In Beyond Ontological Blackness, Anderson seeks to critique a trope of "black heroic genius" articulated within the logics of ontological blackness as a philosophy of racial consciousness.[22] At the center of this conception is Du Bois. "W. E. B. Du Bois's double-consciousness depiction of black existence has come to epitomize the existential determinants of black self-consciousness. These alienated forms of black consciousness have been categorically defined in African-American cultural studies as: The Negro Problem, The Color Line, Black Experience, Black Power, The Veil of Blackness, Black Radicalism, and most recently, The Black Sacred Cosmos."[22] Anderson's critique of black heroic genius and a move towards black cultural fulfillment is an attempt to move beyond the categories deployed by Du Bois in Souls.

Likewise, Sanders, who in interpreting black black holiness-Pentecostalism specifically, also critiques Du Bois's concept of double-consciousness. In Sanders's work, Saints in Exile: The Holiness-Pentecostal Experience in African American Religion and Culture, Sanders deploys a dialectical understanding of exile, which she characterizes in black holiness-Pentecostal terms as "Being in the world, but not of it."[23] At the same time, Sanders wishes to contrast this from the double-consciousness dialect of Du Bois, at least as she understands it. For Sanders, "exilic dialectics" is "hoped to represent a progressive step beyond the 'double-consciousness' described by W. E. B. Du Bois in 1903, which persists as the dominant paradigm in African American religious and cultural thought."[24]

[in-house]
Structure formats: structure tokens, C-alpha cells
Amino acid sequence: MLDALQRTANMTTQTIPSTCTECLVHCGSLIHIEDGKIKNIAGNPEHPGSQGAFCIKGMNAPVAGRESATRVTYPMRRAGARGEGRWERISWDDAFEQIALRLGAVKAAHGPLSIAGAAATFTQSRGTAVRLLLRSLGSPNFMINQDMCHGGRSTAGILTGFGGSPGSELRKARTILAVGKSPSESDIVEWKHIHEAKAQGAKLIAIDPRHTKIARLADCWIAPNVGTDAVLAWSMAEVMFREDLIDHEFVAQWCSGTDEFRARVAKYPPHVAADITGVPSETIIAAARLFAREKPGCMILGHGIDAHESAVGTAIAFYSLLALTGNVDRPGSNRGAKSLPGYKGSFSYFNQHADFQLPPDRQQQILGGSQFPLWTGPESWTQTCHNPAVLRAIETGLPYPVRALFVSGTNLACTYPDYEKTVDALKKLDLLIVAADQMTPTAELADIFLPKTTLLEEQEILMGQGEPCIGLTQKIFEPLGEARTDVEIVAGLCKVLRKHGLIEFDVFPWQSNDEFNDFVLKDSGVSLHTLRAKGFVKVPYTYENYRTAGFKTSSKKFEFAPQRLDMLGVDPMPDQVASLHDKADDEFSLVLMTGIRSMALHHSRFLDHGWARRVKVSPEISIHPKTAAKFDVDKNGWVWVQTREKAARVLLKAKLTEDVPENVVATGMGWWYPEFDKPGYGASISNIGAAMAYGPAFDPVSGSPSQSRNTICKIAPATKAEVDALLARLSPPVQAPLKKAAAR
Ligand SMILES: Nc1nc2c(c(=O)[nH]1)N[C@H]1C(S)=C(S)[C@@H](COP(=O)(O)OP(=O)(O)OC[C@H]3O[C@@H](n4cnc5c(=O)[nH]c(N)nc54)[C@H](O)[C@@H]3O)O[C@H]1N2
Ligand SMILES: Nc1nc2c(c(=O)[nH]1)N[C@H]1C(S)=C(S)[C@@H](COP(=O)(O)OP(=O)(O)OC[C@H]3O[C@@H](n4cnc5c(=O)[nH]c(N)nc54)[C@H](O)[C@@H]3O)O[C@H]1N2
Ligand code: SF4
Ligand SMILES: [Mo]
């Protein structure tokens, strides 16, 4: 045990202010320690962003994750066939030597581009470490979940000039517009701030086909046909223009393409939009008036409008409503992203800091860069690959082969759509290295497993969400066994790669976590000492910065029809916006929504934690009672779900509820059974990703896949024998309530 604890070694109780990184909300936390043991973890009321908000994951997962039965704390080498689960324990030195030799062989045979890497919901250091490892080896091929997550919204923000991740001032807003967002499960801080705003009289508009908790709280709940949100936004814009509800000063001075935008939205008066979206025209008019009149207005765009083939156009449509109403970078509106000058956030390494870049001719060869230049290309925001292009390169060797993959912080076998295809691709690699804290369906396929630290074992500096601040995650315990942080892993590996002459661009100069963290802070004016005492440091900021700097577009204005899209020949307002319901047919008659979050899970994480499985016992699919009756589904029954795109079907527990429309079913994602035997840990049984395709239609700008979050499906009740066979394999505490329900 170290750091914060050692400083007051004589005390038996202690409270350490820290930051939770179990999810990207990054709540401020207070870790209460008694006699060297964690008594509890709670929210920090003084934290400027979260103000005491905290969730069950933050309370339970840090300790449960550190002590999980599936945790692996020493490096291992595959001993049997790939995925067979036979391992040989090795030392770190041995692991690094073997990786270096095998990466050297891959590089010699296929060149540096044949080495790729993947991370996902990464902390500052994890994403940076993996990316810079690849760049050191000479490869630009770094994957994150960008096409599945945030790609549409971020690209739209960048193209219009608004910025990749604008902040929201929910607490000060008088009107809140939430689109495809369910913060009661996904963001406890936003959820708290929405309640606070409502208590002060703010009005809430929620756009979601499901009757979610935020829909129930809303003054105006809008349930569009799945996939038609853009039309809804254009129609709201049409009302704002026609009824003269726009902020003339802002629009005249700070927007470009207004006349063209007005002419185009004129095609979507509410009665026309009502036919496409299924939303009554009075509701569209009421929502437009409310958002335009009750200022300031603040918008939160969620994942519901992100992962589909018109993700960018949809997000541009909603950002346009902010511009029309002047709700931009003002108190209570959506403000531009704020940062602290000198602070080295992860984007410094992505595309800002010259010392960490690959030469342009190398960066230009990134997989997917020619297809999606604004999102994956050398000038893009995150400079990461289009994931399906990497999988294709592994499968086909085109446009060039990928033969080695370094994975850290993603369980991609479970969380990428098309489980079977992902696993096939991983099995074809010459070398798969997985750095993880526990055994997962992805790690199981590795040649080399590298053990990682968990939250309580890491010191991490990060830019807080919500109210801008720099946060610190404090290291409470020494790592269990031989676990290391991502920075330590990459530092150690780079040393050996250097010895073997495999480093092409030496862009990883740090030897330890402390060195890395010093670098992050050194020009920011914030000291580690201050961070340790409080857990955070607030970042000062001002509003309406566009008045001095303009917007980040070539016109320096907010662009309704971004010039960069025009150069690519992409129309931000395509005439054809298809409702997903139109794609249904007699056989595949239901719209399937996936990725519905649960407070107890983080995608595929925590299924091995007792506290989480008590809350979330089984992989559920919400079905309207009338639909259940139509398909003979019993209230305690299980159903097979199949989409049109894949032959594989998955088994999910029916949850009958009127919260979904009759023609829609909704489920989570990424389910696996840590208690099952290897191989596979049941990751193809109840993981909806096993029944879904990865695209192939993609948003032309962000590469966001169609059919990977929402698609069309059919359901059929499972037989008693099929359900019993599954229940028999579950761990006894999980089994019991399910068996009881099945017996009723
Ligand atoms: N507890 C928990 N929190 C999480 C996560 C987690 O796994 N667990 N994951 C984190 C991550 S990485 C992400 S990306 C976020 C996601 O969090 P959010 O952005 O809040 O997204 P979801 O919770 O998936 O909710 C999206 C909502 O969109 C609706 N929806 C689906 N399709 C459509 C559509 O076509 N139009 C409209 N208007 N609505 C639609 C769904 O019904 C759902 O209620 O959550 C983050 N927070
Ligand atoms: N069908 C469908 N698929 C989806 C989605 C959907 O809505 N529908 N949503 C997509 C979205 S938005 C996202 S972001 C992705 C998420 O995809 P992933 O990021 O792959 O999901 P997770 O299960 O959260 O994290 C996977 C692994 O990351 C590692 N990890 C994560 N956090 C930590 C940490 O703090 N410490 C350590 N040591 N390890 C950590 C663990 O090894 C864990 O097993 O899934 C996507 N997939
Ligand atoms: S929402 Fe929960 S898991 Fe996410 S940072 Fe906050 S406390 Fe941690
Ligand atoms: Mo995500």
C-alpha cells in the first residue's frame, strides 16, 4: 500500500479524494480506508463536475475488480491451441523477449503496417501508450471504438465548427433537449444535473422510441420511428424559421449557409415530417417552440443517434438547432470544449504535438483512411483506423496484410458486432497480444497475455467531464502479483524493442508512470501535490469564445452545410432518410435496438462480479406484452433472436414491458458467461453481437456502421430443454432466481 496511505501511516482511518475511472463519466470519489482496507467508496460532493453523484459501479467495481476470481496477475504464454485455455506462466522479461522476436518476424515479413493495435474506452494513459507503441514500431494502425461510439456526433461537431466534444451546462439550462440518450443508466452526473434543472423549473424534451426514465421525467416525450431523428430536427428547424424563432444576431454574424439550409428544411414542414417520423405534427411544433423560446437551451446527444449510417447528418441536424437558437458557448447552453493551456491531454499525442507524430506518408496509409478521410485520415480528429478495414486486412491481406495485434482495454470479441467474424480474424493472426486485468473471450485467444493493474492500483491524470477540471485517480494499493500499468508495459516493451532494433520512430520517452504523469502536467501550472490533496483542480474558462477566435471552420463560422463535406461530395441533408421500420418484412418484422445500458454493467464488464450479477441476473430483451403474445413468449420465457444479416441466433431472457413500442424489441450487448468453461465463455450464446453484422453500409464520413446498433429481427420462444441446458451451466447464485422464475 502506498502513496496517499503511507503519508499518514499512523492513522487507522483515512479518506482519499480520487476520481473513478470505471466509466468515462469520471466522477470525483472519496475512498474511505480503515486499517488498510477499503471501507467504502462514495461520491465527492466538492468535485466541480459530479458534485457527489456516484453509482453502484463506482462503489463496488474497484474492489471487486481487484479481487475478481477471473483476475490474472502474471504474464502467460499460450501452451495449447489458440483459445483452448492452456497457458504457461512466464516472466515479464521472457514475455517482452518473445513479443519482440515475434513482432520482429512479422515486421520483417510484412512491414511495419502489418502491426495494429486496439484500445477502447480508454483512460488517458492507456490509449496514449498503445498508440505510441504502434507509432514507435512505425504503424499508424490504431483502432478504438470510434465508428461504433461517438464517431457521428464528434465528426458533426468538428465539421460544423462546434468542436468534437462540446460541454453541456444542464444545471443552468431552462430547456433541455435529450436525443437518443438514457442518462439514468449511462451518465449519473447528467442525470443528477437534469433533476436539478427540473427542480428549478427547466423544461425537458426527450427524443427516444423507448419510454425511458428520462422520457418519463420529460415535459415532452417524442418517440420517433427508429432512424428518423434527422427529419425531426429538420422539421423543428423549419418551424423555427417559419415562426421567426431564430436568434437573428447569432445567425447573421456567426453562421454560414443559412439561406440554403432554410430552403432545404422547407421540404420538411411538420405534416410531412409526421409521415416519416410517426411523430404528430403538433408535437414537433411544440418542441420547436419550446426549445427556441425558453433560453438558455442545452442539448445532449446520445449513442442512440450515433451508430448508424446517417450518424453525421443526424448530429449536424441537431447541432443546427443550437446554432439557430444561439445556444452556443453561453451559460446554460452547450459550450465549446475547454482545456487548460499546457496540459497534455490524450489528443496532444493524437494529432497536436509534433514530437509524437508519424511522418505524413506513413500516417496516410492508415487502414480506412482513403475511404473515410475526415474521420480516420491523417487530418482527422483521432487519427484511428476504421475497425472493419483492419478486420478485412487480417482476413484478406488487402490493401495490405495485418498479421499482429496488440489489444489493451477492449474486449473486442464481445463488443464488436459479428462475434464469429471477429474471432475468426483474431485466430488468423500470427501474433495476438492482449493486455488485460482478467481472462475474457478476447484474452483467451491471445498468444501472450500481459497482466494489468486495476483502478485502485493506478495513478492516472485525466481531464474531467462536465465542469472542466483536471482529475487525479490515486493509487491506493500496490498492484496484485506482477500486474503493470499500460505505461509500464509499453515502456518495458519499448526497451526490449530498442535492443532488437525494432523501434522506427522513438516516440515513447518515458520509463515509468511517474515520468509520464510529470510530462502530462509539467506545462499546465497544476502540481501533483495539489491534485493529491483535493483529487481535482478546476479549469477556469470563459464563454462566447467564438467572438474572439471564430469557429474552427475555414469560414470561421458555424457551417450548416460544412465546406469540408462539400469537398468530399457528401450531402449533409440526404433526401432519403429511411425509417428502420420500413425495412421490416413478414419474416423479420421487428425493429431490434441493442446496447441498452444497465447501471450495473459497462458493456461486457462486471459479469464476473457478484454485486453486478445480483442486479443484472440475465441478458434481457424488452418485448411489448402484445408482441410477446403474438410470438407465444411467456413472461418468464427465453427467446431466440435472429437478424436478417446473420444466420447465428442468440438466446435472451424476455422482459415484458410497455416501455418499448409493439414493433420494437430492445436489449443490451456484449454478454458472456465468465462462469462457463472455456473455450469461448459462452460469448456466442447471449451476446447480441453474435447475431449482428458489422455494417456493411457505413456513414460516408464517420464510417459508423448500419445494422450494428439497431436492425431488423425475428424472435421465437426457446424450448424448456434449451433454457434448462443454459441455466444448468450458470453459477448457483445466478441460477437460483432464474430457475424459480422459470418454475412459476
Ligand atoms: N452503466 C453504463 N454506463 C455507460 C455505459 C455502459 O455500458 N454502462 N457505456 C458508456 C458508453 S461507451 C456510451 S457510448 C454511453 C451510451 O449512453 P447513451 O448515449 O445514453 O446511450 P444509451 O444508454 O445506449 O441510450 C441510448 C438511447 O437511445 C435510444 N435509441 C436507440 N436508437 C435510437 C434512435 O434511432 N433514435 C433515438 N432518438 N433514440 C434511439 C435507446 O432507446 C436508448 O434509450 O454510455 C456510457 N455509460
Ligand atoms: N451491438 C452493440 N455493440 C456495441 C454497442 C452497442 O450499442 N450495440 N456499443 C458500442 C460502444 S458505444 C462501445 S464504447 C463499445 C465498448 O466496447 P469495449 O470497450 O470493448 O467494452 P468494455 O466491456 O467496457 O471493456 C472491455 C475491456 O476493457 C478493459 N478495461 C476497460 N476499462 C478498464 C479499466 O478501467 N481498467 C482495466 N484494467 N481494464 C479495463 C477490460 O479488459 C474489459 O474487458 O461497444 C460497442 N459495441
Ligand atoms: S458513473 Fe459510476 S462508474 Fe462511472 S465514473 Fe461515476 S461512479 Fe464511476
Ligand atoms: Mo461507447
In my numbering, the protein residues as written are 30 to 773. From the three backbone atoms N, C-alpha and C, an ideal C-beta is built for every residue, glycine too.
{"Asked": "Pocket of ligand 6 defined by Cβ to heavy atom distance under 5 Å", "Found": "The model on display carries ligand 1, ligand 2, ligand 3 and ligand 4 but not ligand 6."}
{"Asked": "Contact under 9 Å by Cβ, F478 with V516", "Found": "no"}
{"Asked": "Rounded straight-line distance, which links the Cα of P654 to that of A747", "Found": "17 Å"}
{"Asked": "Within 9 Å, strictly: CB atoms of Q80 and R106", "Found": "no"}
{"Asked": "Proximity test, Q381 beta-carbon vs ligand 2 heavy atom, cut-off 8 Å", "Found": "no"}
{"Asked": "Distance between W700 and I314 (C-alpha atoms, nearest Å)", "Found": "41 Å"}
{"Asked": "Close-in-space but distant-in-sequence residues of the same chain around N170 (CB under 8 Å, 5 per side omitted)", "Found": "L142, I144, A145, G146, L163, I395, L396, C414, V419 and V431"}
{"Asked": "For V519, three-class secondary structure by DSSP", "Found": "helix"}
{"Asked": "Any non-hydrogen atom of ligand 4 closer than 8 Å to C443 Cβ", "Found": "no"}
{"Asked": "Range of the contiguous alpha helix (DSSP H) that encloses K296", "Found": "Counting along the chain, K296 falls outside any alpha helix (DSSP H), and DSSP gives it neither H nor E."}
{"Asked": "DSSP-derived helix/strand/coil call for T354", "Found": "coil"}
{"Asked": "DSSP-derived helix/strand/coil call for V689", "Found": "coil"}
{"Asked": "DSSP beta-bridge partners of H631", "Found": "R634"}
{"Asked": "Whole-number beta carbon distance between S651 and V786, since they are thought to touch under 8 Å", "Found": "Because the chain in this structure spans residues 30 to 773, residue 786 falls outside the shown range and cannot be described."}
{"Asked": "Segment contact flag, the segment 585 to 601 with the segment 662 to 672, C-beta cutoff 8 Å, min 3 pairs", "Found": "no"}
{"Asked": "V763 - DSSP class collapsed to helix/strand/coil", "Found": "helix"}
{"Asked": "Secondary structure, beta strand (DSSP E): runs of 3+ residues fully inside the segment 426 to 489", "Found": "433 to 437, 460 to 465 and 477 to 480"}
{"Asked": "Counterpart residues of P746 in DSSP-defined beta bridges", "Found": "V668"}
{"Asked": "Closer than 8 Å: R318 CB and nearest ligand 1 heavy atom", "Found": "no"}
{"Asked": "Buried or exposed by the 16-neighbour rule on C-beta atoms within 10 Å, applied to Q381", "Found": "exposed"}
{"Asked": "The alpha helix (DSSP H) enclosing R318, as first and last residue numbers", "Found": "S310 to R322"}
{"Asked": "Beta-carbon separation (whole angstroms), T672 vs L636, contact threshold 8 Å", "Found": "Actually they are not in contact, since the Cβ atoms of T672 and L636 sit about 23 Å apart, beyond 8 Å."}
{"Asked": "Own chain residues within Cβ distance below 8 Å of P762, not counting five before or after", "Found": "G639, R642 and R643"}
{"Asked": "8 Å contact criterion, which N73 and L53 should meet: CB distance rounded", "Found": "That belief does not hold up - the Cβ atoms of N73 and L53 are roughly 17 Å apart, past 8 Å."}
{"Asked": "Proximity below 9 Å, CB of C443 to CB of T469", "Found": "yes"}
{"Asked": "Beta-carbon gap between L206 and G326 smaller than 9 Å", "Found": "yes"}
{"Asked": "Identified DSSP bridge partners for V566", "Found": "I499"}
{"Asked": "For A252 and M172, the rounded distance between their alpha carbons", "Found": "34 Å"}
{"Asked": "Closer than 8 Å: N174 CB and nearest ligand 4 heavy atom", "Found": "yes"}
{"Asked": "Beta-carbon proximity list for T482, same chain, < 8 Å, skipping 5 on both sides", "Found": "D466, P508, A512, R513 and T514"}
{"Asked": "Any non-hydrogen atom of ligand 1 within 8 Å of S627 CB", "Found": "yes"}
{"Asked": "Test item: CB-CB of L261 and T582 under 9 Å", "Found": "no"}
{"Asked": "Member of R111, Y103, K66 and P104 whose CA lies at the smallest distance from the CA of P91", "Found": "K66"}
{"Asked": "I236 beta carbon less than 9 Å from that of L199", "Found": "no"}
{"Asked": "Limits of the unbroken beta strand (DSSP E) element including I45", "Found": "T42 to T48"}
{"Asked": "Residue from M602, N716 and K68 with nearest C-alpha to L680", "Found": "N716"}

Describing double-consciousness as "either-or" and exilic consciousness as between "both-and", Sanders contrasts that those who live in exile "can find equilibrium and fulfillment between extremes, whereas adherents to the latter either demand resolution or suffer greatly in the tension, as is the case with Du Bois's description of the agony of 'double-consciousness,' as 'two warring ideals in one dark body, whose dogged strength alone keeps it from being torn asunder.'"[21]

Textual changes[edit]

In 1953, The Souls of Black Folk was published in a special "Fiftieth Anniversary Jubilee Edition". In his introduction, Du Bois wrote that in the 50 years since its publication, he occasionally had the inclination to revise the book but ultimately decided to leave it as it was, "as a monument to what I thought and felt in 1903". While he stuck by his decision, he wrote, in the new edition he had made "less than a half-dozen alterations in word or phrase and then not to change my thoughts as previously set down but to avoid any possible misunderstanding today of what I meant to say yesterday."[25] In 1973, historian Herbert Aptheker identified seven changes. Historian and literary critic Henry Louis Gates Jr. and a team of readers performed a line-by-line comparison of the two editions during the 1980s and identified two more changes. All the changes are minor; the longest was to change "nephews and poor whites and the Jews" to "poor relations and foreign immigrants". In six of the nine changes, Du Bois changed references to Jews to refer to immigrants or foreigners. Two of the other changes also involved references to Jews.[26]

Du Bois wrote to Aptheker in February 1953 about concerns he had with his references to Jews in the book: